But what renders this tour especially memorable, is the first meeting between Wordsworth and Sir Walter, then plain Mr. Scott, who hospitably entertained the travellers at Lasswade, upon the banks of the Esk, where he was then living : subsequently they met him at Melrose, and were conducted by him over the Abbey. Scott was thus far on his way to the Circuit Court, at Jedburgh, in his capacity of Sheriff, and there his new friends again joined him, but he begged they would not enter the court, saying, 'that he would not like them to see the sort of figure he cut there'. They did, however, catch a glimpse of him in his cocked hat and sword, marching in the judge's procession, to the sound of one cracked trumpet, and were then not surprised that he should have been a little ashamed of the whole ceremonial. Miss Wordsworth said wherever they went with him, he seemed to know everybody, and everybody to know and to like him. But though they found the Sheriff's name a passport which procured them a civil reception when they reached the town, weary, wet, and cold, yet they could only obtain shelter on condition of vacating the room when the judges came out of court to dinner; at which important crisis poor Miss Wordsworth was doomed to shiver in a dull fireless bedroom, while the people of the inn sought lodgings for them in the town.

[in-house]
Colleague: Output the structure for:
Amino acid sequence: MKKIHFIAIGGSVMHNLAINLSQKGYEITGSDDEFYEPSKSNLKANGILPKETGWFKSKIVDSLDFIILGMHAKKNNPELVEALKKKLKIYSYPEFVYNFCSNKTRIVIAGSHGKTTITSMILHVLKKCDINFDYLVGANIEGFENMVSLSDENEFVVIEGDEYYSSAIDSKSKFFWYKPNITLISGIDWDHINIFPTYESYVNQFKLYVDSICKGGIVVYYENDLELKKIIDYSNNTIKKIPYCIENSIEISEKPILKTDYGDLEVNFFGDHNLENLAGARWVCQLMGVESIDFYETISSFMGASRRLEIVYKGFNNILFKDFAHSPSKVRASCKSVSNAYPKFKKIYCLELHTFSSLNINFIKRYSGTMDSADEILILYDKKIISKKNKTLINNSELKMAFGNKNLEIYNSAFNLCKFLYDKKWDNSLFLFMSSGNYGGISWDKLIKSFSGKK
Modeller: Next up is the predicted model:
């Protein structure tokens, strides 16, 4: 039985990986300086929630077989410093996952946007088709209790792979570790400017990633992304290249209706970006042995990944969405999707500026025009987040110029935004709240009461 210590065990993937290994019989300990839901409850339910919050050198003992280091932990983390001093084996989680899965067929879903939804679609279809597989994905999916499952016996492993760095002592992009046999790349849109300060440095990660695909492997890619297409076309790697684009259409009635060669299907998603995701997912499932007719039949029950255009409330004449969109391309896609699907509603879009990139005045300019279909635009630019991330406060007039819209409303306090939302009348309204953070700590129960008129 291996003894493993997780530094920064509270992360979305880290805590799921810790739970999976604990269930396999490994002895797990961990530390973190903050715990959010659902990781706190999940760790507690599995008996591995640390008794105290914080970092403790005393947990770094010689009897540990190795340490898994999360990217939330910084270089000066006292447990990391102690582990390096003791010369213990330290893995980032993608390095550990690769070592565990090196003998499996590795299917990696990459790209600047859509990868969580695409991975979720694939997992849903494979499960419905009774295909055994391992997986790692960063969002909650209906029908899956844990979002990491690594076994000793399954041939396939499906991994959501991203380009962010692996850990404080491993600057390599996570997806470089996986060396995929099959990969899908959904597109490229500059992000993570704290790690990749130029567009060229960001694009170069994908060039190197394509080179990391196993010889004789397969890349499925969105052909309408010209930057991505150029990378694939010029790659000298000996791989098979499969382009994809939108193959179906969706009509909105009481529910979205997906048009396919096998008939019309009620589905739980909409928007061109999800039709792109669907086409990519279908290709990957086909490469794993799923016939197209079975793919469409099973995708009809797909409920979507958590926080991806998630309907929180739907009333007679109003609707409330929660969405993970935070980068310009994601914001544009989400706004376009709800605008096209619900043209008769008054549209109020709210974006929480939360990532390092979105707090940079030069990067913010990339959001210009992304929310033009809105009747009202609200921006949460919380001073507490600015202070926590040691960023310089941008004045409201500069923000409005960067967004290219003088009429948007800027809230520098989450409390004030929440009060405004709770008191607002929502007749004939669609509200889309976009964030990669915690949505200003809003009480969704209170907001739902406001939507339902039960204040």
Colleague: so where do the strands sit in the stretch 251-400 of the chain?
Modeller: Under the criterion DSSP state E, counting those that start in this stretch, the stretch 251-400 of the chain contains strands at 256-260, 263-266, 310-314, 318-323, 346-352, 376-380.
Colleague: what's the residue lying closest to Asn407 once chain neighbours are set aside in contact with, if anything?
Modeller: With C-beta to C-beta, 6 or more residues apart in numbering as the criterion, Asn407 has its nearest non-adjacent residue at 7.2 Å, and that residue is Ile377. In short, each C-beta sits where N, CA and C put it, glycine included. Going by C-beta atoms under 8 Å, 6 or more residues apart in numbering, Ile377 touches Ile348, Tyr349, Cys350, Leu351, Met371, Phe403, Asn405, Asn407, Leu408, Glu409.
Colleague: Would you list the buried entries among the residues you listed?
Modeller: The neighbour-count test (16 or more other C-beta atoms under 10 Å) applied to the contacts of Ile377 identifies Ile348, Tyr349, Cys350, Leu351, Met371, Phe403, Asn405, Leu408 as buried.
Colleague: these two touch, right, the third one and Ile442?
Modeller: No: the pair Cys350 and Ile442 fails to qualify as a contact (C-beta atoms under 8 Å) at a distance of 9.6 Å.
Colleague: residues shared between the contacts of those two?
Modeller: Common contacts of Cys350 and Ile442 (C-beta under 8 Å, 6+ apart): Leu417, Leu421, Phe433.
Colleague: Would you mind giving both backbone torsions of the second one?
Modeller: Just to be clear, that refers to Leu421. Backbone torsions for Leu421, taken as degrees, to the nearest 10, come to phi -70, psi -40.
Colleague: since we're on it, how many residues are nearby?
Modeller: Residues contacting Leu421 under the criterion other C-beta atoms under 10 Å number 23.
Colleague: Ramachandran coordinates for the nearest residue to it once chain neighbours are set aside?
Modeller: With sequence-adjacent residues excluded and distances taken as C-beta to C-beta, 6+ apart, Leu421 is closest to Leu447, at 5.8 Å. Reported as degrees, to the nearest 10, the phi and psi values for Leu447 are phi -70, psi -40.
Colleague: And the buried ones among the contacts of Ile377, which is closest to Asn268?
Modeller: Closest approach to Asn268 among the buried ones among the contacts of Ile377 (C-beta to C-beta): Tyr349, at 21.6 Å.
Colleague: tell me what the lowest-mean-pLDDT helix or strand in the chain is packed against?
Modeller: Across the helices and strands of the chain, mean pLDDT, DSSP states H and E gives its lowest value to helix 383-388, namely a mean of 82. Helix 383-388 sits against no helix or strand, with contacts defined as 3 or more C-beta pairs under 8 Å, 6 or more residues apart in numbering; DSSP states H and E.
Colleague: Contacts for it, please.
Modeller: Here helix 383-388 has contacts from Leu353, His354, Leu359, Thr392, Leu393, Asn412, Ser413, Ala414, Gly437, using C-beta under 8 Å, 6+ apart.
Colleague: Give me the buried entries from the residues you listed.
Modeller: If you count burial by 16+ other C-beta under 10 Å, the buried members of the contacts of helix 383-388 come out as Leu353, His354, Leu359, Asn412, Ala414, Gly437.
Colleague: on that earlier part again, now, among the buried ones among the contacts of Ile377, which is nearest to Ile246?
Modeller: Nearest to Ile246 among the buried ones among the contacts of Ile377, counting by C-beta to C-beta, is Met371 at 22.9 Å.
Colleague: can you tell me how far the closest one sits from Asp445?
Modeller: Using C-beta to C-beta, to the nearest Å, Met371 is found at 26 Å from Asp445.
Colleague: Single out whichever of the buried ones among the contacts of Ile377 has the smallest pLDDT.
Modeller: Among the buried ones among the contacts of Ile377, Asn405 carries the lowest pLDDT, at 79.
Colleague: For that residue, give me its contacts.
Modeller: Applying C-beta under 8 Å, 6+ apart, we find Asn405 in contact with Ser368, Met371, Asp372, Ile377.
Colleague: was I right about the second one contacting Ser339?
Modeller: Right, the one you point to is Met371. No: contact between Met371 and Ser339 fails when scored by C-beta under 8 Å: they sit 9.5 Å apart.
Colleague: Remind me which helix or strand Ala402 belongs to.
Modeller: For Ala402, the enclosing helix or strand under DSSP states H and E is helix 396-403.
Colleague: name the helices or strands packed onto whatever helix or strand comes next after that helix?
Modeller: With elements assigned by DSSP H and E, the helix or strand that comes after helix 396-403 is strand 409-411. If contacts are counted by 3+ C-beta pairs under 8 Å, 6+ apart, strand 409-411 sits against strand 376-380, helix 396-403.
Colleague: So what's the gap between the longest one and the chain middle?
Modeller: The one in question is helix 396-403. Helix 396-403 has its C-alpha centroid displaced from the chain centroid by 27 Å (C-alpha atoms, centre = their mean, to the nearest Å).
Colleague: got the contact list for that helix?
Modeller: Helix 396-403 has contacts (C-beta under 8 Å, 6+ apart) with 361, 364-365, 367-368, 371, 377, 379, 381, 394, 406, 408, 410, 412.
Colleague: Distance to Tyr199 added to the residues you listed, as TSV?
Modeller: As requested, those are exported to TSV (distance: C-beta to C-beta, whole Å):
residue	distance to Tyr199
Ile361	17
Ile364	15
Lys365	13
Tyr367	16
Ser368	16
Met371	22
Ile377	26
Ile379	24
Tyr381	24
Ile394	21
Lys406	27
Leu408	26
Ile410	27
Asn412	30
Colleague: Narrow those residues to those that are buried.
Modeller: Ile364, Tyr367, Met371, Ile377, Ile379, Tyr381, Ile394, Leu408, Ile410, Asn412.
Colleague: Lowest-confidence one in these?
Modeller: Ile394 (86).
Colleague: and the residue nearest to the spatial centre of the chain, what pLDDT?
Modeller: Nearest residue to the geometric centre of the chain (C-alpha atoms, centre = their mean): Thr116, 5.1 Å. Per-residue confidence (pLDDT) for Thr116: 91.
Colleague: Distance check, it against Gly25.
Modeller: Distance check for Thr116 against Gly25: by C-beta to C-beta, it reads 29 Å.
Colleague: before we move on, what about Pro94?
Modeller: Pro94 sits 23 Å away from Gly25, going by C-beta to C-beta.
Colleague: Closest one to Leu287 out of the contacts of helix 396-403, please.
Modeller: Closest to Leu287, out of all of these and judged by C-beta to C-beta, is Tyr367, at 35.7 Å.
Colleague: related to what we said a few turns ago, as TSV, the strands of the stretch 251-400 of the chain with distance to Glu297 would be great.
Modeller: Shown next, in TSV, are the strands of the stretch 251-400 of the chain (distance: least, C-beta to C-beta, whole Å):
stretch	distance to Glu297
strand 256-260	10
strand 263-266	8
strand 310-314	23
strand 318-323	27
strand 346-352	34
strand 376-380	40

Returning sunshine cheered their homeward journey, and, on a delightful autumnal evening, they again reached the peaceful Grasmere cottage, where, in the words of the ever interesting Diary, 'we found Mary in perfect health, — Joanna Hutchinson with her, and little John asleep in the clothes basket by the fire'. Poets are proverbially an exacting race, and we are therefore not surprised to find the happy father on his return, making such demands as the following from his first-born.

And from that Infant's face let joy appear ;
Yea, let our Mary's one companion child
That hath her six weeks' solitude beguiled
With intimations manifold and dear,
While we have wandered over wood and wild -
Smile on his Mother now with bolder cheer.'

In the following year, 1804, on the 16th of August, a daughter was born : his beloved Dora, to whom he was so tenderly attached, and who was the object of several of his sweetest poetic effusions.

Writing soon after to Scott, Wordsworth mentions having again met Coleridge and Southey at Keswick, and adds, “Southey whom I never saw much of before, I liked much : he is very pleasant in his manner, and a man of great reading in old books, poetry, chronicles, memoirs, &c., particularly Spanish and Portuguese. Farewell ! God prosper you. Your sincere friend, for such I will call myself, though slow to use a word of such solemn meaning to anyone, W. W'.